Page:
Friday, 28 August 2009

DODGING THE STORM CLOUDS


The fine weather of recent days gave way during Friday 28th to strong winds, increasing cloud with the odd shower, culminating in thunder and lightning passing over in the evening. One black cloud passed to the north and east of the Island in the picture above, presumably soaking Colchester as it went.


The black skies above Brightlingsea to the east of the Island, caught the last pink rays of the setting sun. To the south of the Island another black thunder-cloud passed out to sea leaving Mersea with just a brief shower and dodging the worst of the storm clouds as usual.

There didn't appear to be anything offshore with the evening high tide but a scan of the sea off the park revealed a female common scoter 100 metres from the beach, appearing as a very dark brown duck but with a paler brown face. It was busy diving regularly underwater to feed, staying under for 20 - 30 seconds each time. One or two common scoters are often seen offshore in the winter time but rarely in the summer.

A small group of 25 swallows and 4 sand martins fought their way into the strong wind as they headed west just before dusk. A couple of long tailed tit flocks could be heard calling from the bushes but not much other activity in the blustery conditions.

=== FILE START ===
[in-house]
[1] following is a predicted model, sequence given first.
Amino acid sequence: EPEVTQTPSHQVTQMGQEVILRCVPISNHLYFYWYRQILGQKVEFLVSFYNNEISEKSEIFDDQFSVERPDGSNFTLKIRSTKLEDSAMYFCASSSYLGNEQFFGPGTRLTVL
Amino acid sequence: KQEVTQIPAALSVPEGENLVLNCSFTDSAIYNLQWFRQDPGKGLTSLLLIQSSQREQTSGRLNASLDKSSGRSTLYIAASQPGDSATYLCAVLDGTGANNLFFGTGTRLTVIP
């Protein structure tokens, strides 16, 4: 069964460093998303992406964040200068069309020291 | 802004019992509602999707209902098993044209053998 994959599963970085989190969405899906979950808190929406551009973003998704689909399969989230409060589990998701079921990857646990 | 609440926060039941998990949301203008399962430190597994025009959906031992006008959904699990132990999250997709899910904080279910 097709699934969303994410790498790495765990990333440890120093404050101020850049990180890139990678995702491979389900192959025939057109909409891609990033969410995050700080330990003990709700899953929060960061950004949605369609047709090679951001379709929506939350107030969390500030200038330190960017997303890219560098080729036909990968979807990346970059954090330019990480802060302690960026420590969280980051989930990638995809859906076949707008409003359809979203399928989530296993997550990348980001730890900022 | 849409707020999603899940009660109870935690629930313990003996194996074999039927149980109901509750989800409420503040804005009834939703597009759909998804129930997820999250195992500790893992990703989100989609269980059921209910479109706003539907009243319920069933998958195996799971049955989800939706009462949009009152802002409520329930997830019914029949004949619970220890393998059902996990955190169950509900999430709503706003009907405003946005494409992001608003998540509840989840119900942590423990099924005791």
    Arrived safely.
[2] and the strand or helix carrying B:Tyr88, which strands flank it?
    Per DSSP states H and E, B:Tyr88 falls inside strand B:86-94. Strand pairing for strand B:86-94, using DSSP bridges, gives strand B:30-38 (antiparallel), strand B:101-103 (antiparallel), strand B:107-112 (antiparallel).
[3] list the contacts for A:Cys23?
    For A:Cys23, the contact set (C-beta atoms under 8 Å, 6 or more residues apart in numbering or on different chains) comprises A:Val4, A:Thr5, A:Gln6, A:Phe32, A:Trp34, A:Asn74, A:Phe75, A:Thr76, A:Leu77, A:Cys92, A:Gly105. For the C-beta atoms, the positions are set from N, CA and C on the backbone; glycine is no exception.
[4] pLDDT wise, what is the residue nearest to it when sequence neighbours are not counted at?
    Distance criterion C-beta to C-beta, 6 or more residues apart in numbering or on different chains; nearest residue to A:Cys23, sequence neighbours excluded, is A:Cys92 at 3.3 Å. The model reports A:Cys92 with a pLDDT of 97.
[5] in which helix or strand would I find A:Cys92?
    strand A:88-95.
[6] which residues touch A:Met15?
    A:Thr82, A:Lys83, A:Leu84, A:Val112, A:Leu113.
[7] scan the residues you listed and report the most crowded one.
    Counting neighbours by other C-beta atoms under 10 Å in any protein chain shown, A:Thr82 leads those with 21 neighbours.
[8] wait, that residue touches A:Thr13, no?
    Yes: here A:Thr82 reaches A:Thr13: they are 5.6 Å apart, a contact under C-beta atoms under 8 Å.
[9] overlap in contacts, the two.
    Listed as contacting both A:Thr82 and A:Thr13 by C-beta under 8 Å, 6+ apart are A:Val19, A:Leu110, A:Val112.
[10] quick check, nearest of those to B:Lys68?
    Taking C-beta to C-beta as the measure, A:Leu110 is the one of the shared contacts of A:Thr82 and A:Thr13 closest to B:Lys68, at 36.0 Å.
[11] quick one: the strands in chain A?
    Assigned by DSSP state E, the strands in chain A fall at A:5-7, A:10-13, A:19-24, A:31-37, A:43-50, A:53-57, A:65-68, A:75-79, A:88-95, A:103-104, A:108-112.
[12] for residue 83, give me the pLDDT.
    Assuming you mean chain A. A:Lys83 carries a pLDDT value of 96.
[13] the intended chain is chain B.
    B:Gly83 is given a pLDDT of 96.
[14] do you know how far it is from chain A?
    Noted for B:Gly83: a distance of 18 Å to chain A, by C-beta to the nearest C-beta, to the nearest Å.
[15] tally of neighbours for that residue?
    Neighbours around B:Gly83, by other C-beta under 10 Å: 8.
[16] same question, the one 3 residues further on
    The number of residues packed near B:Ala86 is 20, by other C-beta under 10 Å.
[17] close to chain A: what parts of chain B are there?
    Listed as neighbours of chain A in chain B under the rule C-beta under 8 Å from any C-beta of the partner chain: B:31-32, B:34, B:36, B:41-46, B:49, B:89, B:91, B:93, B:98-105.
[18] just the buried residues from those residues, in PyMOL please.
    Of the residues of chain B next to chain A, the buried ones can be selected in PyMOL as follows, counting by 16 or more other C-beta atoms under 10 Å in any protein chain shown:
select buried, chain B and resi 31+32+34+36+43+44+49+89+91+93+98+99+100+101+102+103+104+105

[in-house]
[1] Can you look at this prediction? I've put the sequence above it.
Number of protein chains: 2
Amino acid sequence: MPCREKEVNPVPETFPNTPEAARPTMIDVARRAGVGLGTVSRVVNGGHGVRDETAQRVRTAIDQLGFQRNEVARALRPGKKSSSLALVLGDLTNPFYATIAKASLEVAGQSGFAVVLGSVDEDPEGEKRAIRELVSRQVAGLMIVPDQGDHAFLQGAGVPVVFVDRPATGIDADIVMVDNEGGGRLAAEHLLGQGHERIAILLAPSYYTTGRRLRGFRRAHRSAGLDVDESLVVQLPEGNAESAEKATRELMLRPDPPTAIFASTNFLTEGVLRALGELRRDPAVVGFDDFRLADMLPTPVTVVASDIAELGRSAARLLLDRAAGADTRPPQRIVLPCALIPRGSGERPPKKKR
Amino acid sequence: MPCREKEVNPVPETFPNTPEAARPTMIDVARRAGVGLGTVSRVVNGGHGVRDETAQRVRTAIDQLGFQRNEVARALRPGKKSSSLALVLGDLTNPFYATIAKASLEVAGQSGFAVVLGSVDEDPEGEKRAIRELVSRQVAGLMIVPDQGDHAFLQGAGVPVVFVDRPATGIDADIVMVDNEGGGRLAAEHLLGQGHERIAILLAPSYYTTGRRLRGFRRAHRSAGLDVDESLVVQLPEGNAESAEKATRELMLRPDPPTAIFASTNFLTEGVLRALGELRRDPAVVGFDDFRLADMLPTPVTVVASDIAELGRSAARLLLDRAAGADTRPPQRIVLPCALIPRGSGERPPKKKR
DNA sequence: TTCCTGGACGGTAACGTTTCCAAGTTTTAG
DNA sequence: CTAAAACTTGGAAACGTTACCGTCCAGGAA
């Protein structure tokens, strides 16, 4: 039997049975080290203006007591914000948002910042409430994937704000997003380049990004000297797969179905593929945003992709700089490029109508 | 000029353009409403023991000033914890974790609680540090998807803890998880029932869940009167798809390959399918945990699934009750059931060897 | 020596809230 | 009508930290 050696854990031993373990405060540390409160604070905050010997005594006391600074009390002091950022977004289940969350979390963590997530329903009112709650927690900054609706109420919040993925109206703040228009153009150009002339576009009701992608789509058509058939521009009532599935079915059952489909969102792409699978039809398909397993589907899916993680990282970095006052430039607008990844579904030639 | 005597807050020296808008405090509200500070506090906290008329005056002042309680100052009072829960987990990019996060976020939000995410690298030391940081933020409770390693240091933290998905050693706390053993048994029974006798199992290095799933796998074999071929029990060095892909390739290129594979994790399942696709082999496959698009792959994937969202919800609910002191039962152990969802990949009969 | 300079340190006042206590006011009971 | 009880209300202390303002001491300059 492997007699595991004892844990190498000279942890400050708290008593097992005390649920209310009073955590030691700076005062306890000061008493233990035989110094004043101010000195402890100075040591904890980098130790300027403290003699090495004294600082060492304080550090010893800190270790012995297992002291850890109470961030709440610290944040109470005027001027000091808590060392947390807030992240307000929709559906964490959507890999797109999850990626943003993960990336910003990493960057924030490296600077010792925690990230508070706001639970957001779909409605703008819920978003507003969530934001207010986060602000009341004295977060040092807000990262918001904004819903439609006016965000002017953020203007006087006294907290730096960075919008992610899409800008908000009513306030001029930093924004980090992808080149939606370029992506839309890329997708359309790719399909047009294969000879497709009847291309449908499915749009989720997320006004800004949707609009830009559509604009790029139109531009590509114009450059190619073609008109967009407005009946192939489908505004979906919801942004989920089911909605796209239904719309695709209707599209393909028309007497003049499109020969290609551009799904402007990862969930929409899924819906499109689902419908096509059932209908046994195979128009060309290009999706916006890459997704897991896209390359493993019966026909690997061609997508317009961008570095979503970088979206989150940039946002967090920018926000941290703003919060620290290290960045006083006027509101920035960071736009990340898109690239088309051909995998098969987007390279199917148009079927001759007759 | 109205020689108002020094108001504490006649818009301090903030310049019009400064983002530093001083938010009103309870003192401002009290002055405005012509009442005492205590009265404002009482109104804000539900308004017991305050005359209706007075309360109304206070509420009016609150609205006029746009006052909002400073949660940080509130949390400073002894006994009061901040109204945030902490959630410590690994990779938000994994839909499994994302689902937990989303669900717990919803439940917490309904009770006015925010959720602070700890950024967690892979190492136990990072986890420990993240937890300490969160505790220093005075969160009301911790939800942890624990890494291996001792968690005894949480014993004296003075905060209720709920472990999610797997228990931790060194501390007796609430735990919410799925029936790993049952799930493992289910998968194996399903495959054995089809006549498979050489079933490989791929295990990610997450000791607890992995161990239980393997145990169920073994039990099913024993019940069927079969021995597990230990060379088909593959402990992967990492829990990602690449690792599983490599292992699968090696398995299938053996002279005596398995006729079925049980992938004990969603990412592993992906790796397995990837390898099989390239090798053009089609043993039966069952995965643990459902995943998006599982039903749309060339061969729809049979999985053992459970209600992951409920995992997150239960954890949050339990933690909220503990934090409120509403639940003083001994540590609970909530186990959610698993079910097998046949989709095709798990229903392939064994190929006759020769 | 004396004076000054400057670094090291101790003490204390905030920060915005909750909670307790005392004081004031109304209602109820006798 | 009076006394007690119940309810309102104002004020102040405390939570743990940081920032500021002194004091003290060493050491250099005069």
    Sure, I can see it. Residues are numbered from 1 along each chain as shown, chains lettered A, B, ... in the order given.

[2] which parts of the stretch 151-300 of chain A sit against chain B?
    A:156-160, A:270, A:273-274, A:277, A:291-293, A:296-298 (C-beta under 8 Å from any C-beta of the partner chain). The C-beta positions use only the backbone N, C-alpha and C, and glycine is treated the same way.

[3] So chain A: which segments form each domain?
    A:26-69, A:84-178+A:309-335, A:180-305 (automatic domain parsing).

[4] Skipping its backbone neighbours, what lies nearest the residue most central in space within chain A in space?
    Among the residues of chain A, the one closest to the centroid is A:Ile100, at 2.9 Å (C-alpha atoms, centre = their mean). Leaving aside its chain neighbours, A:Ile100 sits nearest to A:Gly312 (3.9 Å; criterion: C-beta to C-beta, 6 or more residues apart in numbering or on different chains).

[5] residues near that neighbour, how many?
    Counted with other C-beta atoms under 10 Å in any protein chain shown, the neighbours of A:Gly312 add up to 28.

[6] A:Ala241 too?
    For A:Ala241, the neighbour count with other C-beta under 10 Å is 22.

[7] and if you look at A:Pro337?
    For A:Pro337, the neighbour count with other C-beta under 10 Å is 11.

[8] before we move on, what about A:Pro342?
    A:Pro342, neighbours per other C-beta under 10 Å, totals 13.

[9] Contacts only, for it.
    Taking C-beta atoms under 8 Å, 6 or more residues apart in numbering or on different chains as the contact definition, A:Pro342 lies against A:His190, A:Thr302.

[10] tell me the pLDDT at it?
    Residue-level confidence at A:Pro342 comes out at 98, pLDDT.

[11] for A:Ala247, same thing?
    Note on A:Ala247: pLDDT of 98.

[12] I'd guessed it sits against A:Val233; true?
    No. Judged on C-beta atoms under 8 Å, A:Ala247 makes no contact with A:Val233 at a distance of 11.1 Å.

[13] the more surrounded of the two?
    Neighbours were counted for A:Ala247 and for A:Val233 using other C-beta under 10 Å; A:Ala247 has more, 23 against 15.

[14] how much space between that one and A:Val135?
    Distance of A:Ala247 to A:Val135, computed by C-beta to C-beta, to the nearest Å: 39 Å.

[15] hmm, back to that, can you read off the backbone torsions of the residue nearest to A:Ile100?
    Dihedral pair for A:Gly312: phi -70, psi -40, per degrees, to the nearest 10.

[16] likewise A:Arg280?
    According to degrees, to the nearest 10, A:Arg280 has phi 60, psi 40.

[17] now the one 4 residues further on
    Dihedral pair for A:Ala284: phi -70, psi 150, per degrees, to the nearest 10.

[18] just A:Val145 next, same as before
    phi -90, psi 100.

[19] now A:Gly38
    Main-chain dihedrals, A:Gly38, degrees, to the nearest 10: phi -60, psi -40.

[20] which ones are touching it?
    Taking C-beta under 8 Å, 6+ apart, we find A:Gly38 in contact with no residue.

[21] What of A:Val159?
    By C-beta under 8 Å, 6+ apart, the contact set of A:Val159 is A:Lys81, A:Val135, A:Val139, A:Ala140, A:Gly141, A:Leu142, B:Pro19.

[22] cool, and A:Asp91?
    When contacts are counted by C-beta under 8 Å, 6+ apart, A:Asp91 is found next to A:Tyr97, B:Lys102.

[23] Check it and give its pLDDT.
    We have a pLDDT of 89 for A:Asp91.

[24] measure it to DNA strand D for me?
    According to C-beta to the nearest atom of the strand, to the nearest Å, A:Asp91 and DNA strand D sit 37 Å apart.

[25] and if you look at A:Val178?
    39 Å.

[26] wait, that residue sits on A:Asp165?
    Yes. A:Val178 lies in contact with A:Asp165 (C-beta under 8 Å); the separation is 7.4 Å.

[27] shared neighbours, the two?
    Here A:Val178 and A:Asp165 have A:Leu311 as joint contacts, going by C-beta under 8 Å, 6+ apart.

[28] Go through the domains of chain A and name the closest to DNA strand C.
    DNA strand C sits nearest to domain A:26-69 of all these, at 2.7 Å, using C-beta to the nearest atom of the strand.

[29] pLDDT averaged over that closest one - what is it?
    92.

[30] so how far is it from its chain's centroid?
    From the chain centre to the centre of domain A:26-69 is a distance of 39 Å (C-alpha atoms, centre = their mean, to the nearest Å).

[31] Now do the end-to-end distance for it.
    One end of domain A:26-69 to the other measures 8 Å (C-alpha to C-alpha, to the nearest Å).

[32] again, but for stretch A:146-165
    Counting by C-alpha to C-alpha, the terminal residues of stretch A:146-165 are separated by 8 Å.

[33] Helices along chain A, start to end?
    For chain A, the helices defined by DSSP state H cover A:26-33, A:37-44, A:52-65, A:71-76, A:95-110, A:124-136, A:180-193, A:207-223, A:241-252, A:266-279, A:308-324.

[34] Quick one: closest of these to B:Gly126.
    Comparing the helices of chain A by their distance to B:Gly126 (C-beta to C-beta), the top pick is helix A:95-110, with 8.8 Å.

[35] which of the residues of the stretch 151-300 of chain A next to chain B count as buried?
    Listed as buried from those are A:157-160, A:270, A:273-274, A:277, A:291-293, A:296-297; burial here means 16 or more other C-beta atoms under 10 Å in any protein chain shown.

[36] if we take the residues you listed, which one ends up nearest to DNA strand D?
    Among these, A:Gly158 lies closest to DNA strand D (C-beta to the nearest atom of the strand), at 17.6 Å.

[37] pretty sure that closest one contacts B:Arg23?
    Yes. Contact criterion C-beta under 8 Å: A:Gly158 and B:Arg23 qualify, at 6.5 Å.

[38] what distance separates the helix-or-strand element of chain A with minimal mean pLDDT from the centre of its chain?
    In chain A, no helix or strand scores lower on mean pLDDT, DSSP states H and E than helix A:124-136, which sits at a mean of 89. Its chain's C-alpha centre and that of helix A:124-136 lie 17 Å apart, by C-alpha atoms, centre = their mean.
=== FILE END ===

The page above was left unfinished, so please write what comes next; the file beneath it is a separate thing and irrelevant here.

The pools of water in the fields have shrunk considerably over the last week and 2 lapwings and 8 teal were the only birds noted. At the park pond 25 mallard were making lots of noise, as were the young little grebe chicks, while the swan cygnets are down to two birds. A badger was seen just before nightfall crossing the field by the pond.

Andy Field saw 3 wheatears and 4 whinchats at Reeveshall earlier in the day along with 120 ringed plovers in the Pyefleet. Ten willow warblers seen sheltering from the wind in the Shop Lane wood is a good count.

An osprey was seen yesterday afternoon on Thursday flying north-east over the Mersea Quarters but no sign of it today. Last autumn 3 ospreys were seen in the Salcott Channel area to the west of the Island with one bird staying around for at least a month.

The moth trap operating at the park through a windy Thursday night produced about 90 individuals of 15 species with flounced rustics, square-spot rustics and setaceous hebrew characters the most numerous. Other moths noted were white point, rosy rustic, Chinese character, light emerald, latticed heath, large yellow underwing and lesser broad-bordered yellow underwing.

2 comments:

Rambling Rob said...

Terrific photos Dougal. Change is in the air..

Dougal Urquhart said...

We've had some lovely sunny weather during August but the fresher days of autumn can be just as enjoyable for the wildlife watcher!The first geese of the winter will be here in a month's time!
-Dougal